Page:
The l'île de Ré, opposite La Rochelle, was subjected on several occasions to attack from British soldiers. Conscious of the need to protect access to La Rochelle and Rochefort, in 1681 Vauban started strengthening the island's defences by building a citadel and fortified castle at Saint-Martin-de-Ré, on the North coast.
Built on the site of a fortress where construction work had started in 1627, the square-shaped citadel occupies the eastern part of the town. Its defensive system comprises four bastions, three demi-lunes and a counterguard, surrounded by a moat and a covered walkway. It contained an arsenal, food and powder stores, barracks and officers' accommodation. The citadel opens on to the sea via a small fortified port. From 1873 onwards it became a stop-off point for penal colony prisoners on the way to New Caledonia until 1897 and later to Guyana until 1938. Today it remains a prison for more than 400 detainees and is not open to the public.
An example of Vauban's first system adapted to suit a flat site, the construction was accompanied by an enormous fortified enclosure capable of accommodating the island's population of some 16,000 inhabitants, as well as their livestock, and of storing food supplies and forage in the event of enemy attack. In an arc on the land side, there are bastions, orilloned half- bastions and a counterguard. Two monumental gates, the Porte Toiras and the Porte des Campani form the access points. Also surrounded by a moat and a covered walkway, it is in addition encircled by an open-plan glacis, sloping outwards from the ramparts within canon-firing range.References:
Castle Rushen is located in the Isle of Man"s historic capital, Castletown. The castle is amongst the best examples of medieval castles in the British Isles, and is still in use as a court house, museum and educational centre.
The exact date of castle is unknown, although construction is thought to have taken place during the reigns of the late 12th century and early 13th century rulers of the Isle of Man – the Kings of Mann and the Isles. The original Castle Rushen consisted of a central square stone tower, or keep. The site was also fortified to guard the entrance to the Silver Burn. From its early beginnings, the castle was continually developed by successive rulers of Mann between the 13th and 16th century. The limestone walls dominated much of the surrounding landscape, serving as a point of dominance for the various rulers of the Isle of Man. By 1313, the original keep had been reinforced with towers to the west and south. In the 14th century, an east tower, gatehouses, and curtain wall were added.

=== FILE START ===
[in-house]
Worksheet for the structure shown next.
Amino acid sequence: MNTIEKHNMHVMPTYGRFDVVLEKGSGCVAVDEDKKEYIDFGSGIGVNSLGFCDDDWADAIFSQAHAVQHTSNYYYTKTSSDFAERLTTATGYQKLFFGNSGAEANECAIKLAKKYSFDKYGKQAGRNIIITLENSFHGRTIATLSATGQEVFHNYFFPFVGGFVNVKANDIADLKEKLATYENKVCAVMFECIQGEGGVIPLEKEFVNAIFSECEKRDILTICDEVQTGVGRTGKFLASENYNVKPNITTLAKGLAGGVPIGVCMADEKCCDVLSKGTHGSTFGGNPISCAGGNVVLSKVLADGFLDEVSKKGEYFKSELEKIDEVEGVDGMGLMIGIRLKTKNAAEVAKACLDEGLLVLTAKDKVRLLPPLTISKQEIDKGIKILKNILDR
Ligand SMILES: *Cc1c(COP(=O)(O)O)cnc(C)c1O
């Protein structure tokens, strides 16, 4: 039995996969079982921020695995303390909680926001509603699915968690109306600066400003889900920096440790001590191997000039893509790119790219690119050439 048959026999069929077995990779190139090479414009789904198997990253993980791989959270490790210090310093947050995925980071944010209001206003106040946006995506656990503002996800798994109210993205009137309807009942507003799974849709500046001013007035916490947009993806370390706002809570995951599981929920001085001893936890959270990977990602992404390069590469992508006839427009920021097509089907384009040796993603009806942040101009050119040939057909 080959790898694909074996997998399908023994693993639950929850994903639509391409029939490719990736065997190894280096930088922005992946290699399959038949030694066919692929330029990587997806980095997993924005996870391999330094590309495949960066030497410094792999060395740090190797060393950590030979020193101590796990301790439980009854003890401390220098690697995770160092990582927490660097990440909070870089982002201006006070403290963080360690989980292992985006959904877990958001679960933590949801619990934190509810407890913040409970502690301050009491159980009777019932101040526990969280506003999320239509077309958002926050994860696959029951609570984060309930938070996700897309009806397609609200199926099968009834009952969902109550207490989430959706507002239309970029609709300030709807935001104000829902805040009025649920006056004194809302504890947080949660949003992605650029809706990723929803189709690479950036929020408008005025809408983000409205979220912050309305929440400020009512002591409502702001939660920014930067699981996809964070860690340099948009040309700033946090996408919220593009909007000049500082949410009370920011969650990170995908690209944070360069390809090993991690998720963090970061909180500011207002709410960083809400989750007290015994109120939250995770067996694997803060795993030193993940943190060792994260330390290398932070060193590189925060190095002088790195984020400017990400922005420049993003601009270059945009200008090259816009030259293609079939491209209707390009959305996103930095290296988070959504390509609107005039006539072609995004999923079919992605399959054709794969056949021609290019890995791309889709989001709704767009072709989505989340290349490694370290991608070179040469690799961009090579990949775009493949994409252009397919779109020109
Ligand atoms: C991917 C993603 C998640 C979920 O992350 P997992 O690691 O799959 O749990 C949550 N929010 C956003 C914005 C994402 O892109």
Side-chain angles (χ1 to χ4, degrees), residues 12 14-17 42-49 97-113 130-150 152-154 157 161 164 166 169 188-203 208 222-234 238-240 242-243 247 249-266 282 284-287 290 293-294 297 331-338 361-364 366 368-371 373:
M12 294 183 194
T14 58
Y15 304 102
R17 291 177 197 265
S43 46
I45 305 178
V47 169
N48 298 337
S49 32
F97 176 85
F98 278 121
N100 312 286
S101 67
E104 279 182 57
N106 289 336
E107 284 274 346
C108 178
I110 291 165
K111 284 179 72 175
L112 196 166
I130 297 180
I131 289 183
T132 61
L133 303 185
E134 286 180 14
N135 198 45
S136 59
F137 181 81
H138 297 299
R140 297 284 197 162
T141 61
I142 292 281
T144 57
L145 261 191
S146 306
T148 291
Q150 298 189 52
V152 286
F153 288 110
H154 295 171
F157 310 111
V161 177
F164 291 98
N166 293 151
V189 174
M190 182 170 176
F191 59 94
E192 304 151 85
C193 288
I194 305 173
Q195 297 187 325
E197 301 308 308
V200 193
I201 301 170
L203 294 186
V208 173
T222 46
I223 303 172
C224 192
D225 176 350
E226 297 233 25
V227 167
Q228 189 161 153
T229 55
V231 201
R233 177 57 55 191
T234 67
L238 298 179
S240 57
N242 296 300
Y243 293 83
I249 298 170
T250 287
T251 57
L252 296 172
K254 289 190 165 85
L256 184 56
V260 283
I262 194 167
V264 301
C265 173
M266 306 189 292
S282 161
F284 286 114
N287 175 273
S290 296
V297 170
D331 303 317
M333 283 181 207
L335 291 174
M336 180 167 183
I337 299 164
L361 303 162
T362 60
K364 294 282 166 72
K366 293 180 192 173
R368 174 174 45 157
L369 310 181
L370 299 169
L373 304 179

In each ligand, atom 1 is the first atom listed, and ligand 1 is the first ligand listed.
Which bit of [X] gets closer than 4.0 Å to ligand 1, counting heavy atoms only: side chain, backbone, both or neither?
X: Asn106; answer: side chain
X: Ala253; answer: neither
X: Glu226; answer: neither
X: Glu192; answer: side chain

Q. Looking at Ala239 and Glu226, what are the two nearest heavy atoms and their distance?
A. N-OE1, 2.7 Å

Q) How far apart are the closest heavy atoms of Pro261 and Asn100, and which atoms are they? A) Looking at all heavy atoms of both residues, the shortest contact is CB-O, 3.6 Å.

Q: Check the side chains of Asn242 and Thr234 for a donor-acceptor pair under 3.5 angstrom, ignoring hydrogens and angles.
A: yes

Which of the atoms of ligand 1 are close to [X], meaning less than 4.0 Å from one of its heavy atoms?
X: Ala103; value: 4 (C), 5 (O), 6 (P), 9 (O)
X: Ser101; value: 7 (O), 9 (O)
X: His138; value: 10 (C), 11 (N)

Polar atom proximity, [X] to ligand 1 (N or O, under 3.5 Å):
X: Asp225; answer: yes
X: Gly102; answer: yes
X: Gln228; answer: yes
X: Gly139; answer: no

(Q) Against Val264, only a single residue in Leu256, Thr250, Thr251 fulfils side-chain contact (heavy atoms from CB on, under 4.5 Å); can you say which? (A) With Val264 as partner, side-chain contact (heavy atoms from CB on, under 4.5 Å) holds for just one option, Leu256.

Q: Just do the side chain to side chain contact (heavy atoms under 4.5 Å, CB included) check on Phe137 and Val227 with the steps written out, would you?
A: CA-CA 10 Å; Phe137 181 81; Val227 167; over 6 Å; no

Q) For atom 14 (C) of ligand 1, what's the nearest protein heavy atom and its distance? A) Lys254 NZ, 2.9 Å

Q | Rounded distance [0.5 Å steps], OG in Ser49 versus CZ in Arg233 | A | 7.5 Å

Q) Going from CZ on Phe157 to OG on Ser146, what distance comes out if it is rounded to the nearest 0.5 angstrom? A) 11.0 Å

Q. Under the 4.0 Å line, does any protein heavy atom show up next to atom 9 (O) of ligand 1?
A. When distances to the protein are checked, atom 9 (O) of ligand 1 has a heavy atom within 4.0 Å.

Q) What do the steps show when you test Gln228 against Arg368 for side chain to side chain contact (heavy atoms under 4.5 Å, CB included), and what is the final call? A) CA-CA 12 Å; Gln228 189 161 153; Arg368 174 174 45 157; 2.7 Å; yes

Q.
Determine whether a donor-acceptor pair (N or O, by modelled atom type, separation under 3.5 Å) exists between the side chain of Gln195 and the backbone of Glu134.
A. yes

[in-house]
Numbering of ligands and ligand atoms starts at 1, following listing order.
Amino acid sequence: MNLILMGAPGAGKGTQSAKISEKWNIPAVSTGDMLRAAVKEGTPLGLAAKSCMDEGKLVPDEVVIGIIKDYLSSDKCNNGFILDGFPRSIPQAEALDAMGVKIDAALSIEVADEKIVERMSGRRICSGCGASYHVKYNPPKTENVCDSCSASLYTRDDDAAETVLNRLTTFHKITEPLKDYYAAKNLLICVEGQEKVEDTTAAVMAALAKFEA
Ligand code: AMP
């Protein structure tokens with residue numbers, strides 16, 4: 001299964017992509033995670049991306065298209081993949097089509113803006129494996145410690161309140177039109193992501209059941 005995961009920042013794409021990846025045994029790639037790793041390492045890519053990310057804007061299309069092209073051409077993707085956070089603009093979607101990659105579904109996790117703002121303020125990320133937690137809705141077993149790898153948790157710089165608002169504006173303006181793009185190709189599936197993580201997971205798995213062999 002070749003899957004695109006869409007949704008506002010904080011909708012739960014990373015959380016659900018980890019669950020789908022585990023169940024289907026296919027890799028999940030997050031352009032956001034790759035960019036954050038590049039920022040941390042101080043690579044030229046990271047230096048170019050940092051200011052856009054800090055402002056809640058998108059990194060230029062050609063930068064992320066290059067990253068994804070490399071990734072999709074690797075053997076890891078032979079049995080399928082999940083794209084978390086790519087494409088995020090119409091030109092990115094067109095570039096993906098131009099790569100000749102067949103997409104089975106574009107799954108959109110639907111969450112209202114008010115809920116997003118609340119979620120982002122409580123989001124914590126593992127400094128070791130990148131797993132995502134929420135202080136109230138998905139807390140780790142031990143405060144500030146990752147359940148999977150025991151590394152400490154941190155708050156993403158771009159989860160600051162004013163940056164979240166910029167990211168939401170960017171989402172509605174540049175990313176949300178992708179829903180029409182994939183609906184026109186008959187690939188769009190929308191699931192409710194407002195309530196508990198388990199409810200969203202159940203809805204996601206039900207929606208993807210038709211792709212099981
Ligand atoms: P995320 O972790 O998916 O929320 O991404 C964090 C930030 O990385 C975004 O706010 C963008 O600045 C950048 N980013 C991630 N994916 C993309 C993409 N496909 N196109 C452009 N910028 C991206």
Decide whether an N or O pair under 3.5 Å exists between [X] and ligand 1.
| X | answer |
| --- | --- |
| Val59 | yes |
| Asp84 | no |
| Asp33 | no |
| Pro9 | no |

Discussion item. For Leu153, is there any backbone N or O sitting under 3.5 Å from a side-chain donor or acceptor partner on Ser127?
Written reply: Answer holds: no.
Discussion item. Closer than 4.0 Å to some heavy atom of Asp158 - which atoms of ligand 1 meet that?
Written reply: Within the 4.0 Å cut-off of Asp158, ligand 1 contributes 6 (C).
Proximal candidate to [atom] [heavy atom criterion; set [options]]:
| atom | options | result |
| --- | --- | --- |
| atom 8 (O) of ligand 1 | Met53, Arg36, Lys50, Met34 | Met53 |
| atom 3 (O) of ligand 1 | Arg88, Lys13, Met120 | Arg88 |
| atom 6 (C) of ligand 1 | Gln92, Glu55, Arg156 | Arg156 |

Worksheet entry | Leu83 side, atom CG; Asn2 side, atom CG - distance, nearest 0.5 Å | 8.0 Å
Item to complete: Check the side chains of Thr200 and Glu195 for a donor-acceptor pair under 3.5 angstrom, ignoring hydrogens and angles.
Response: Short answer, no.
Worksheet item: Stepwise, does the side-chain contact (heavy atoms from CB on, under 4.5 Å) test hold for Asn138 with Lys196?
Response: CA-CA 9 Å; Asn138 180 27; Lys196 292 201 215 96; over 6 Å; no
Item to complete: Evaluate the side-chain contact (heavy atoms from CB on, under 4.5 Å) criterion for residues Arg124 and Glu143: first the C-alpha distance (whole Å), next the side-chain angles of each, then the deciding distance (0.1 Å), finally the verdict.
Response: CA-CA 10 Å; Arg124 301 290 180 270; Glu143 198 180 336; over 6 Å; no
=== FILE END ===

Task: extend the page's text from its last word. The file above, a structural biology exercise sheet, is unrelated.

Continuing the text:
After several more changes of hands the English and their supporters eventually prevailed. The English king Edward I Longshanks claimed that the island had belonged to the Kings of England for generations and he was merely reasserting their rightful claim to the Isle of Man.
The 18th century saw the castle in steady decay. By the end of the century it was converted into a prison. Even though the castle was in continuous use as a prison, the decline continued until the turn of the 20th century, when it was restored under the oversight of the Lieutenant Governor, George Somerset, 3rd Baron Raglan. Following the restoration work, and the completion of the purpose-built Victoria Road Prison in 1891, the castle was transferred from the British Crown to the Isle of Man Government in 1929.
Today it is run as a museum by Manx National Heritage, depicting the history of the Kings and Lords of Mann. Most rooms are open to the public during the opening season (March to October), and all open rooms have signs telling their stories. The exhibitions include a working medieval kitchen where authentic period food is prepared on special occasions and re-enactments of various aspects of medieval life are held on a regular basis, with particular emphasis on educating the local children about their history. Archaeological finds made during excavations in the 1980s are displayed and used as learning tools for visitors.